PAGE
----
Urbanization is occurring so quickly in many areas that it has become difficult to distinguish city, suburb, and town. There are many ways to define a city, e.g., as an incorporated area, an urban agglomeration, or a settlement with population density larger than some threshold value. All definitions have shortcomings: is Newark part of the New York City metropolitan area? Is Santa Fe, New Mexico, a city or a town? What about an urban area that straddles a county, state, or even national border, such as Kansas City or El Paso–Ciudad Juarez? For this paper we use the term city very loosely to mean any human settlement that is functionally coherent and denser than its surroundings, and we use it interchangeably with the term settlement. We do not distinguish here between villages, towns, cities, metropolitan areas, and megacities (though differences of kind certainly exist). Generally, we are interested in understanding the flow of energy and materials through human networks, and as virtually all commerce requires some aggregation of population to occur, we are interested in the entire set of human settlements.

Current theories of city size distributions

Consider a set of cities from a region, such as a country, ranked by population (or by area) from largest to smallest. When population is graphed against rank, the shape of the curve describes the relative proportions of smaller and larger cities. In 1949, Zipf observed that the population of a city is proportional to the inverse of its regional rank [7], resulting in a power law that has an exponent of approximately −1. Equivalently, this observation, which has become known as “Zipf's law,” states that the probability that the size of a city s is greater than some S is proportional to 1/S: P(s>S) = cS x. with x = −1.

The mechanisms underlying Zipf's law have been the subject of much theoretical debate [8][12]. Because pattern and process are intricately linked in natural phenomena [13][15], governing processes are often inferred from the observed patterns [16]; power laws are often taken as evidence that these processes are scale-invariant [17], [18]. Several researchers have hypothesized that Zipf's law is a result of all cities growing at the same rate, regardless of their size. This law of proportionate effect is also known as Gibrat's law [19]. Others suggest that a steady rate of new cities joining an urban system (i.e., Yule's theorem) produces the power function [8]. In fact, there is a wide variety of theories for Zipf's law, ranging from the statistical-mechanical to the sociological and political (discussed in Andersson 2002 [20], and Ioannides&Gabaix [21]). A few regional studies have suggested that a lognormal best describes the city size distribution [21], particularly when the smallest cities are included [22], [23]. Carroll [24] reviews much of the early literature on Zipf's law.

What almost all explanations have in common is the assumption that Zipf's law is a robust empirical pattern that requires explanation. However, we argue that insufficient consideration has been given to 1) testing the applicability of Zipf's law over the entire range of human settlement sizes, and 2) developing useful “neutral models” for understanding the extent to which settlement distributions represent stochastic vs. deterministic, goal-directed (e.g., optimization) processes. These two points are critical to assessing the generality and meaningfulness of Zipf's law, i.e., whether it actually teaches us anything about human ecology and the organization of human populations. Even on a more practical level, we cannot apply Zipf's law as even an empirical descriptor of the distribution of human settlements without more fully addressing its generality.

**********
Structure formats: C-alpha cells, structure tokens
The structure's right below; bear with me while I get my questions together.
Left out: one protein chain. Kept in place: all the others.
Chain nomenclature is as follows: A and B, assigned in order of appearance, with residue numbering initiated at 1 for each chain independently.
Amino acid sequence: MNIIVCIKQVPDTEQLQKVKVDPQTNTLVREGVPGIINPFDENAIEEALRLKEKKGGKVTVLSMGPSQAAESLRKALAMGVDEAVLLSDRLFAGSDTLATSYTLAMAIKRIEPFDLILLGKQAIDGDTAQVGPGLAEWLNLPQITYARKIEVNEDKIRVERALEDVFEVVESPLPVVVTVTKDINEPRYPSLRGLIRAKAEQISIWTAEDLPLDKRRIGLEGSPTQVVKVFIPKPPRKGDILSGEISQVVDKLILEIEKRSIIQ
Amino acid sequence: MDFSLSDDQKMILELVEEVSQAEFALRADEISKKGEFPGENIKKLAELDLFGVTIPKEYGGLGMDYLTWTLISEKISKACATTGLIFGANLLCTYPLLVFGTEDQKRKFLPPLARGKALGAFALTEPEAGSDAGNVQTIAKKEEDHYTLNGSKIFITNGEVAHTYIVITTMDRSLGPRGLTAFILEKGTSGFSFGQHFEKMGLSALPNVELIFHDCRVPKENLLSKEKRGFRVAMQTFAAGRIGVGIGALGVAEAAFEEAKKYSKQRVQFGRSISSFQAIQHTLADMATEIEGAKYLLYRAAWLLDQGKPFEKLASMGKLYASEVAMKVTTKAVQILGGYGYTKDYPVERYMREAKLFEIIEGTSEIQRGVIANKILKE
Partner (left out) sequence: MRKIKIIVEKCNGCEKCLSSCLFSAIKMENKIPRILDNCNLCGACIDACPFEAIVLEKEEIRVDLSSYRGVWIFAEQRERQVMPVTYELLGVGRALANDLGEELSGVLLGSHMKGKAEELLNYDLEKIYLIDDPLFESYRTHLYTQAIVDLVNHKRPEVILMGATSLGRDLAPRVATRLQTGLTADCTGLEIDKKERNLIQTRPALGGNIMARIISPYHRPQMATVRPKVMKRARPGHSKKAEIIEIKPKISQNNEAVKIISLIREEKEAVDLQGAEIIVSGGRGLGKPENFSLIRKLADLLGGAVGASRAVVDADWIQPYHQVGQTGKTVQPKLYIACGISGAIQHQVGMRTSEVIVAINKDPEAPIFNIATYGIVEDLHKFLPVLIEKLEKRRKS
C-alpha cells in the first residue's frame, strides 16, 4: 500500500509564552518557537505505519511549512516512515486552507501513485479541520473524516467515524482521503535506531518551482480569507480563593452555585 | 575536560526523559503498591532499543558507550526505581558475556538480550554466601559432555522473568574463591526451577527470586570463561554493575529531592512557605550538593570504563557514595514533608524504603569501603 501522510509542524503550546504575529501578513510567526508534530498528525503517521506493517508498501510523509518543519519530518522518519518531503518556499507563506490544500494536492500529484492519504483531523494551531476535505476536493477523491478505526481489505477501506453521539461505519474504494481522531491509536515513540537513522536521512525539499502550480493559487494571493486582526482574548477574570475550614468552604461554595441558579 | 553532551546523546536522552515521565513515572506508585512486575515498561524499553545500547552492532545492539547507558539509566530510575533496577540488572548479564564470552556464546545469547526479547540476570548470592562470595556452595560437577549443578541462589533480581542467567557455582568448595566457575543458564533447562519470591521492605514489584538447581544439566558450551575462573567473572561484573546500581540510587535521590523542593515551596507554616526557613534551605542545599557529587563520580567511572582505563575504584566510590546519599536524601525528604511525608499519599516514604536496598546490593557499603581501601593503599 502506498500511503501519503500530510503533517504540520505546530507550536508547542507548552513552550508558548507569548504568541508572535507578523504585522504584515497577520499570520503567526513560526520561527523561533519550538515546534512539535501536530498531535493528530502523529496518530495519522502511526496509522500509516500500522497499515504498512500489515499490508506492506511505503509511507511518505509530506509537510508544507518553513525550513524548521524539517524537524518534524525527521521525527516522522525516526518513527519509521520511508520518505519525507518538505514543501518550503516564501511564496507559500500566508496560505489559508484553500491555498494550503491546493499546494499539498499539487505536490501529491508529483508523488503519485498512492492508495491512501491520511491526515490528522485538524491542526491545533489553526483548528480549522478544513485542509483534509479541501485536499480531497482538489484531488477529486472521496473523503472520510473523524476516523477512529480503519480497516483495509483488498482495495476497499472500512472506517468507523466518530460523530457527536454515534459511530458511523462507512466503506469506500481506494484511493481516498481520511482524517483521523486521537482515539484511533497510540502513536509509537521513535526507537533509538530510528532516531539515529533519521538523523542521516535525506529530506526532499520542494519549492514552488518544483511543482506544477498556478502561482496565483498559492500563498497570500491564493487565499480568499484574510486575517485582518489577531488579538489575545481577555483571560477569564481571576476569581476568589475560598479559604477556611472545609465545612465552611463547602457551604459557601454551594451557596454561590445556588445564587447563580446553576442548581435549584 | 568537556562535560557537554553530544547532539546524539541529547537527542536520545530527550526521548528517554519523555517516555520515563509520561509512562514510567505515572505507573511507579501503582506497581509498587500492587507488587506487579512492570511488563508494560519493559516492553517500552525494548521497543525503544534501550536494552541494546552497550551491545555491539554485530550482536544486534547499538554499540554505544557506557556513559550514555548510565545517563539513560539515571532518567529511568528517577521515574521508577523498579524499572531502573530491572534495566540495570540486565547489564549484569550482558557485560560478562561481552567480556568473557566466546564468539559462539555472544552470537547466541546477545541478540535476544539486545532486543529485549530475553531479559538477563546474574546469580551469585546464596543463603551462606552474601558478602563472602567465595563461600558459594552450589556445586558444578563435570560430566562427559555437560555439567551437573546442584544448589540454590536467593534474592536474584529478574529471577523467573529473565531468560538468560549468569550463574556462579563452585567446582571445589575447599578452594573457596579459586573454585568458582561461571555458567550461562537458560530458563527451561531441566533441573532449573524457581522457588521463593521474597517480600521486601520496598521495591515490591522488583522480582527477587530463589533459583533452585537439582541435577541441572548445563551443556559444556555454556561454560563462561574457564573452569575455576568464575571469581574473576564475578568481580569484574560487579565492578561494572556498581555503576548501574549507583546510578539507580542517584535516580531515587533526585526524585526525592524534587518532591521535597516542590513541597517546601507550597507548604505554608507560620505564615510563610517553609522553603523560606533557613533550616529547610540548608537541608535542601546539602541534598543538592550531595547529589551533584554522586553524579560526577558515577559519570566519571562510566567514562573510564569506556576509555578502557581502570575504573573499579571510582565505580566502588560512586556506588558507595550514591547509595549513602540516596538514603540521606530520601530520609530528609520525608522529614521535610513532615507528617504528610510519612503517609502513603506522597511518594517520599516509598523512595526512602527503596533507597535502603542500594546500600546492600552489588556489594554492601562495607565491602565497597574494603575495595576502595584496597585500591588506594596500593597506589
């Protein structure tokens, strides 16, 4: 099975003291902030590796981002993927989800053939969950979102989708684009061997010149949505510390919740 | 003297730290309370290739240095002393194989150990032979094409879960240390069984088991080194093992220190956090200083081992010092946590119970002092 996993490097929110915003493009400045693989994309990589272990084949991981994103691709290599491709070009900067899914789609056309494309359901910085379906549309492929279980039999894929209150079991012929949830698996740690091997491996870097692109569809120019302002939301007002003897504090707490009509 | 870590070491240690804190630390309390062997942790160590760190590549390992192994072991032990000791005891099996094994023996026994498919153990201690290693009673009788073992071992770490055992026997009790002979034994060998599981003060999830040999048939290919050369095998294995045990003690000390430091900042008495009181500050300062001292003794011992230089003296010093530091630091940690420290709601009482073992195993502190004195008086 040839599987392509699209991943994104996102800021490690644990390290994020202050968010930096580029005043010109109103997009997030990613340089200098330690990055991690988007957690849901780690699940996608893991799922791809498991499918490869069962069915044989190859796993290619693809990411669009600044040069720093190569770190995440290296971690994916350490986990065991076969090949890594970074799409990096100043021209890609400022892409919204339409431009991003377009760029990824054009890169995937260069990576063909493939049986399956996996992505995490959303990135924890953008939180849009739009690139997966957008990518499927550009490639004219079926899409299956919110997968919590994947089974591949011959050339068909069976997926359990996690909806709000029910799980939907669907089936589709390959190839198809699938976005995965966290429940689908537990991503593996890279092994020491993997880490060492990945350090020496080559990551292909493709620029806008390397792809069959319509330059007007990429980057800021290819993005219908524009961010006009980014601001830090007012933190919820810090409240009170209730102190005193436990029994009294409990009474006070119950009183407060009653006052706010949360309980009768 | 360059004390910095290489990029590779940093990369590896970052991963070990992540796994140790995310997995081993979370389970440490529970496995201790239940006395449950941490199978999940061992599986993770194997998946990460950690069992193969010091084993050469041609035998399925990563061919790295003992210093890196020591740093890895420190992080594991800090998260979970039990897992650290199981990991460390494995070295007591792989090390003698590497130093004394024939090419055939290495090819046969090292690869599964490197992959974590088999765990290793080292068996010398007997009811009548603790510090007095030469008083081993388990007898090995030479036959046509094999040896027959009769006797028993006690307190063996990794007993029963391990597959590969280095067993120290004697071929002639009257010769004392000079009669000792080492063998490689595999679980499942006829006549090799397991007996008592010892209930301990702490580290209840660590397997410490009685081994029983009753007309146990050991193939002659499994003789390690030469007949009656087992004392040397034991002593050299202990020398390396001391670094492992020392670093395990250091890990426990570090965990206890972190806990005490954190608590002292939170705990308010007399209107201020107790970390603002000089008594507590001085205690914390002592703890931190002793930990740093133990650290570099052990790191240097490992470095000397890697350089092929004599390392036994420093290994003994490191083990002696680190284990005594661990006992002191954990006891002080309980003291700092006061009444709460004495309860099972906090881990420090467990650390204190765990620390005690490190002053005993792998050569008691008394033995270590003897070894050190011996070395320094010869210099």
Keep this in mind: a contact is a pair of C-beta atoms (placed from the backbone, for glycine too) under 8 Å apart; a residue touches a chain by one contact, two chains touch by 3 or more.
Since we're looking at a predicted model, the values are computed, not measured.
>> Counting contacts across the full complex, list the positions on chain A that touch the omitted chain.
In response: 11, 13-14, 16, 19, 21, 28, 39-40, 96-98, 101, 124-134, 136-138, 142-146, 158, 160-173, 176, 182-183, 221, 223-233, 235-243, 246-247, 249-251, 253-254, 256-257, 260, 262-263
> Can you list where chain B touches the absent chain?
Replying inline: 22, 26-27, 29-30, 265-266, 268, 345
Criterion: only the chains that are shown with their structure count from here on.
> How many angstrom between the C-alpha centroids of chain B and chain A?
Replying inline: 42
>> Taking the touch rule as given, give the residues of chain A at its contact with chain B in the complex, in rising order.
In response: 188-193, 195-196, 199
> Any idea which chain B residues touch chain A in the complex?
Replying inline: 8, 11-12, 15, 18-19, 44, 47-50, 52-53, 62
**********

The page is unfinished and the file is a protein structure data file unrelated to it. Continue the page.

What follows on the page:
Methods

Empirical settlement size distributions

Most studies of city size distributions have concentrated on only the largest cities and have ignored smaller cities, towns, and settlements, mainly because suitably accurate data for small cities did not exist. Yet as much as 70% of the population may reside in these smaller areas; omitting that mass of the population may lead to biased characterizations of city size distributions.

For many regions around the globe, large cities do follow power functions. Figure 1 shows the rank-size distributions and power-law fits of population P to rank R for the largest cities from three data sets: metropolises of the world [25] (P = 5.9×107 R−0.686, standard error of exponent = 0.006, r2 = 0.847, p<0.00001), metropolitan areas of the USA [26] (P = 5.7×107 R−1.129, s.e. = 0.010, r2 = 0.891, p<0.00001), and Swiss municipalities [27] (P = 2.3×105 R−0.666, s.e. = 0.005, r2 = 0.960, p<0.00001). All three samples are fit well by power laws over two orders of magnitude in population, though all three exponents are significantly different from −1. (Population data used in this study are provided in Figure S1.)